Bell was eager to get the role. "I came prepared as f*** to that audition. I came prepared for the call back. I came prepared for the test. I sat by the phone waiting," she told Refinery29. In fact, she saw some of herself in Veronica, as they both had single-parent homes, and both lost their best friend in their teenage years. She told Pittsburgh Live that her friend's death in a car crash had a lasting impact on her: "Once you learn not to take people for granted, you live a lot happier life."

After starring on her own show, her career broadened. She became the voice of "Gossip Girl," got crackling electrical superpowers on "Heroes," and landed her first big film role as the dumper Sarah Marshall in "Forgetting Sarah Marshall.

Kristen Bell: Sloth Princess

It would not be an exaggeration to divide time into the pre-"Frozen" world and the post-"Frozen" world. Disney's ice princess movie, centering on the bond between sisters Anna and Elsa (Idina Menzel) and featuring one of the greatest bad guy twists of all time, changed the fabric of Disney movies in how it flipped the script on traditional princess stories. It became a massive cultural phenomenon, in no small part because of the awkward, far-from-perfect Princess Anna.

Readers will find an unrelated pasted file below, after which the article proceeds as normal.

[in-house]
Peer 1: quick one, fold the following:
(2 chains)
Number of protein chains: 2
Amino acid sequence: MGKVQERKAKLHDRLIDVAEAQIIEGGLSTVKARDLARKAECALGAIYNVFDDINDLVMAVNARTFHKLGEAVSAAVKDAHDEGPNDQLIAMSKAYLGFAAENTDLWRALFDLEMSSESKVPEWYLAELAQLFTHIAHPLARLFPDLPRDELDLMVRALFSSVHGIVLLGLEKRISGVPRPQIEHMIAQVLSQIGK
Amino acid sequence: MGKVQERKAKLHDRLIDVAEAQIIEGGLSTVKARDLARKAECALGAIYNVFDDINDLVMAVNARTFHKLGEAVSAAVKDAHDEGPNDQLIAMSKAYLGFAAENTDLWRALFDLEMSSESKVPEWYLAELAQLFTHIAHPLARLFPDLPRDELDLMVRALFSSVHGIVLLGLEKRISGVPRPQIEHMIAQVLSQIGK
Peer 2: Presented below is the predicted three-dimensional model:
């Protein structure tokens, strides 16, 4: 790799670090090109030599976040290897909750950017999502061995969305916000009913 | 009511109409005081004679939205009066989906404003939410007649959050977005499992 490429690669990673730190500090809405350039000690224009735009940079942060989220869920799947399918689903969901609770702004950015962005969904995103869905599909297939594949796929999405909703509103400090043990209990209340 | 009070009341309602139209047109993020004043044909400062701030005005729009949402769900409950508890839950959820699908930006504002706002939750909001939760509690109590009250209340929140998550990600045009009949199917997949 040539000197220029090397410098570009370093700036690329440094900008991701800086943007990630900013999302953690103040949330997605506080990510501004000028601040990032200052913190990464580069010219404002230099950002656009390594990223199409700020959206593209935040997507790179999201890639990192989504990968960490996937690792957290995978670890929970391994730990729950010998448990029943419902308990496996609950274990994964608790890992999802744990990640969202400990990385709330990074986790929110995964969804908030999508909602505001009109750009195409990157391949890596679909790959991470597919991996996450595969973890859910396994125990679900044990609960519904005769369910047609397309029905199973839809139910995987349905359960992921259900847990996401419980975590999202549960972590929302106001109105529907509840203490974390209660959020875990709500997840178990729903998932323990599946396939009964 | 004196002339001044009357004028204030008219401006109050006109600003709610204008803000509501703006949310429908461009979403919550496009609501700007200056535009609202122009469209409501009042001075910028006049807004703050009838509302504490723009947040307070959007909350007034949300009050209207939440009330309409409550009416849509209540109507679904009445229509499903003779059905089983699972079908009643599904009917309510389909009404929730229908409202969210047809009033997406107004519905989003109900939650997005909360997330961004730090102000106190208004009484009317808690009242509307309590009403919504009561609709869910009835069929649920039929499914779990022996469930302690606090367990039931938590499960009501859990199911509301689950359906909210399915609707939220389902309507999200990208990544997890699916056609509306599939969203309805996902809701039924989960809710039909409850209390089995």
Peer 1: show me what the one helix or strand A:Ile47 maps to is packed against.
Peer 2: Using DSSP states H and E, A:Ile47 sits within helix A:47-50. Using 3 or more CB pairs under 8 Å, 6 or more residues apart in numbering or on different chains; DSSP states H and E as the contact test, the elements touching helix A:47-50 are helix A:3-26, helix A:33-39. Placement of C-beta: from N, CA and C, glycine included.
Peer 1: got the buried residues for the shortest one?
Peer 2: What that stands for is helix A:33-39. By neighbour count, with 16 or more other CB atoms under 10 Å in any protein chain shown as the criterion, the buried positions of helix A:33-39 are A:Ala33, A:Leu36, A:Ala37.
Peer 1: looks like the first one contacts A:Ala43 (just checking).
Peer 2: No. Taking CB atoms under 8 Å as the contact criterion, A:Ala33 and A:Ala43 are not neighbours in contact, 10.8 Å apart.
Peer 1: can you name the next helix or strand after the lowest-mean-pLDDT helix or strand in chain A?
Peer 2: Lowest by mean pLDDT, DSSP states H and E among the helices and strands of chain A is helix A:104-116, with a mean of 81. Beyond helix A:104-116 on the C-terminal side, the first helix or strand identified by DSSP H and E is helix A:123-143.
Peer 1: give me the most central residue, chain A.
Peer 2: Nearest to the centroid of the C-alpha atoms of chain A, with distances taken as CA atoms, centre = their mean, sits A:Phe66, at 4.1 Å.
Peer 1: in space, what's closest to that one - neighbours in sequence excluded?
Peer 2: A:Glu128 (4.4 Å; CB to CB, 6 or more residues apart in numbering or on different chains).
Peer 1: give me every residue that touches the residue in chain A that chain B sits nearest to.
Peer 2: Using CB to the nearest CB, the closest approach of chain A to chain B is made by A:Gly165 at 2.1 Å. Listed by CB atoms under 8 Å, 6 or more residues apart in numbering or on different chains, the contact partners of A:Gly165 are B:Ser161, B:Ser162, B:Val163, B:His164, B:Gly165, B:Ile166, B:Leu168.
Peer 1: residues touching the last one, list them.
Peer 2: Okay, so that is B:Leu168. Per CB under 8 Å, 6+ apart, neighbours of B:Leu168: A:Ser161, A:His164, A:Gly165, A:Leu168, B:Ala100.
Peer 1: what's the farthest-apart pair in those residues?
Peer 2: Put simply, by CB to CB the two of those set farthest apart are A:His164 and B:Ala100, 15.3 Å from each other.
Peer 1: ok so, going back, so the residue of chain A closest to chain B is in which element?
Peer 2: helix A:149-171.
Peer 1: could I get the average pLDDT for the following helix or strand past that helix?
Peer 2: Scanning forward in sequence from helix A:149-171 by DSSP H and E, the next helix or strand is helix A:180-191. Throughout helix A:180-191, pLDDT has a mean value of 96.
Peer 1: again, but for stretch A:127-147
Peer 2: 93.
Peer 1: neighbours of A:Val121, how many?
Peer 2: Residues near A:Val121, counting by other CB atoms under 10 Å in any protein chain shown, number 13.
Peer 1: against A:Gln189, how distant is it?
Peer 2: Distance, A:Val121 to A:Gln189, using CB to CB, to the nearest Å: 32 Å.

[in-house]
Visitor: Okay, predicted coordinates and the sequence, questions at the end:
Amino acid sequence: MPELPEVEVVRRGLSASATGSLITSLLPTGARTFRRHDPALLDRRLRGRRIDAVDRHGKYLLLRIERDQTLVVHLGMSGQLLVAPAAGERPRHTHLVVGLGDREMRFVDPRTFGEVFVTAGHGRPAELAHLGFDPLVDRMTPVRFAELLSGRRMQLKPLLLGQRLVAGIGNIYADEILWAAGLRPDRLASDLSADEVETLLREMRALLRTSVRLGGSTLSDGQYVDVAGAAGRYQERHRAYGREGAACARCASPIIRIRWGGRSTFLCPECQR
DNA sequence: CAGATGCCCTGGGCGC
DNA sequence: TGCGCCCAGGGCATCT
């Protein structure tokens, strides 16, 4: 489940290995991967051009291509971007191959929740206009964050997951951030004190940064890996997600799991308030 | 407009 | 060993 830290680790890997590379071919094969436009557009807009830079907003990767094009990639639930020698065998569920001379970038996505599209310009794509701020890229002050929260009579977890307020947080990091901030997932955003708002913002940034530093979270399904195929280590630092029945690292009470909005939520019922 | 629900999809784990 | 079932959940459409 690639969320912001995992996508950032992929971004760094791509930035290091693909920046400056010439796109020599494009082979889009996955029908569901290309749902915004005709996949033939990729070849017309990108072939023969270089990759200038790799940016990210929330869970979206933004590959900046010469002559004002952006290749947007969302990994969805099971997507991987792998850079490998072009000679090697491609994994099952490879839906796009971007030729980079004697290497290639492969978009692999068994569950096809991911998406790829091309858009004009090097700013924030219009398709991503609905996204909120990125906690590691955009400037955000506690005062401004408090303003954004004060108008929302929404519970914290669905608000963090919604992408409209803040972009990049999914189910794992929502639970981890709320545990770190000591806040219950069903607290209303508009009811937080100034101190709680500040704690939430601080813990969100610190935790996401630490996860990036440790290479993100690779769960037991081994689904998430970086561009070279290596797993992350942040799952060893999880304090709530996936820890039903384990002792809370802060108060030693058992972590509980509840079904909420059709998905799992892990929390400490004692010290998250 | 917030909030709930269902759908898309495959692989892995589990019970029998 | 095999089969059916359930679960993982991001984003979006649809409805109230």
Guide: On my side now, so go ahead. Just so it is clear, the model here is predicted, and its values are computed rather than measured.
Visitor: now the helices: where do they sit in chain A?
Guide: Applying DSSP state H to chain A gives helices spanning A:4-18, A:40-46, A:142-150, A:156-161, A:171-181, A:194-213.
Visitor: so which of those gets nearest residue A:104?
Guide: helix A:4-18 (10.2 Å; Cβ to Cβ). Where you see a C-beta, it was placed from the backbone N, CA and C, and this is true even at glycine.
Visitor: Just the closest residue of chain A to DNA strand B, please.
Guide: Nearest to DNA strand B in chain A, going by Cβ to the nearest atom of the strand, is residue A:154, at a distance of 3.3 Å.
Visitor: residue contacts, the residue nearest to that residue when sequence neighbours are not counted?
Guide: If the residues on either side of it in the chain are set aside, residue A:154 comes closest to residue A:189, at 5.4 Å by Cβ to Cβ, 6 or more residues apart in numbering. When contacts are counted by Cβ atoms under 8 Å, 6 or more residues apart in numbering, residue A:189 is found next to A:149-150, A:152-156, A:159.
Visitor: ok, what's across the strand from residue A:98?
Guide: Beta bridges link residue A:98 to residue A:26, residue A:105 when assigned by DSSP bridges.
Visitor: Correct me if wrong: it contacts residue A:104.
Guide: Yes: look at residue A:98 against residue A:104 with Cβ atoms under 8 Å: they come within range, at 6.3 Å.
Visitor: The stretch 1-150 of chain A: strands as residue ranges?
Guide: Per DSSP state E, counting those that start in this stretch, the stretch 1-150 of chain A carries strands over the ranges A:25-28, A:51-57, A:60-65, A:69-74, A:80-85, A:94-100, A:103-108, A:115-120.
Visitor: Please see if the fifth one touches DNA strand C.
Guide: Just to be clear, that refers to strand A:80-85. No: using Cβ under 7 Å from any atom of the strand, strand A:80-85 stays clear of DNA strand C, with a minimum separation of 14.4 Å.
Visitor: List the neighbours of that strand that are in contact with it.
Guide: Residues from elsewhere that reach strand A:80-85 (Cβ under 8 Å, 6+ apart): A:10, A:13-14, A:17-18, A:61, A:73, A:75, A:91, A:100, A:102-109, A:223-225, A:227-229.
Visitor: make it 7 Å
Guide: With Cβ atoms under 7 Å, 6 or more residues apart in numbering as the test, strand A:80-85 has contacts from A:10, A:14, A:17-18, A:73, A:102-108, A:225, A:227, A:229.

Kristen Bell told Refinery29 that she had a lot of input on Anna. At first, the character was "kind of snooty and very girly," but Bell wanted to see the princess she needed as a kid: one who wasn't prim and proper, who was a little clumsy, and who "led with her heart above anything else and would never question it."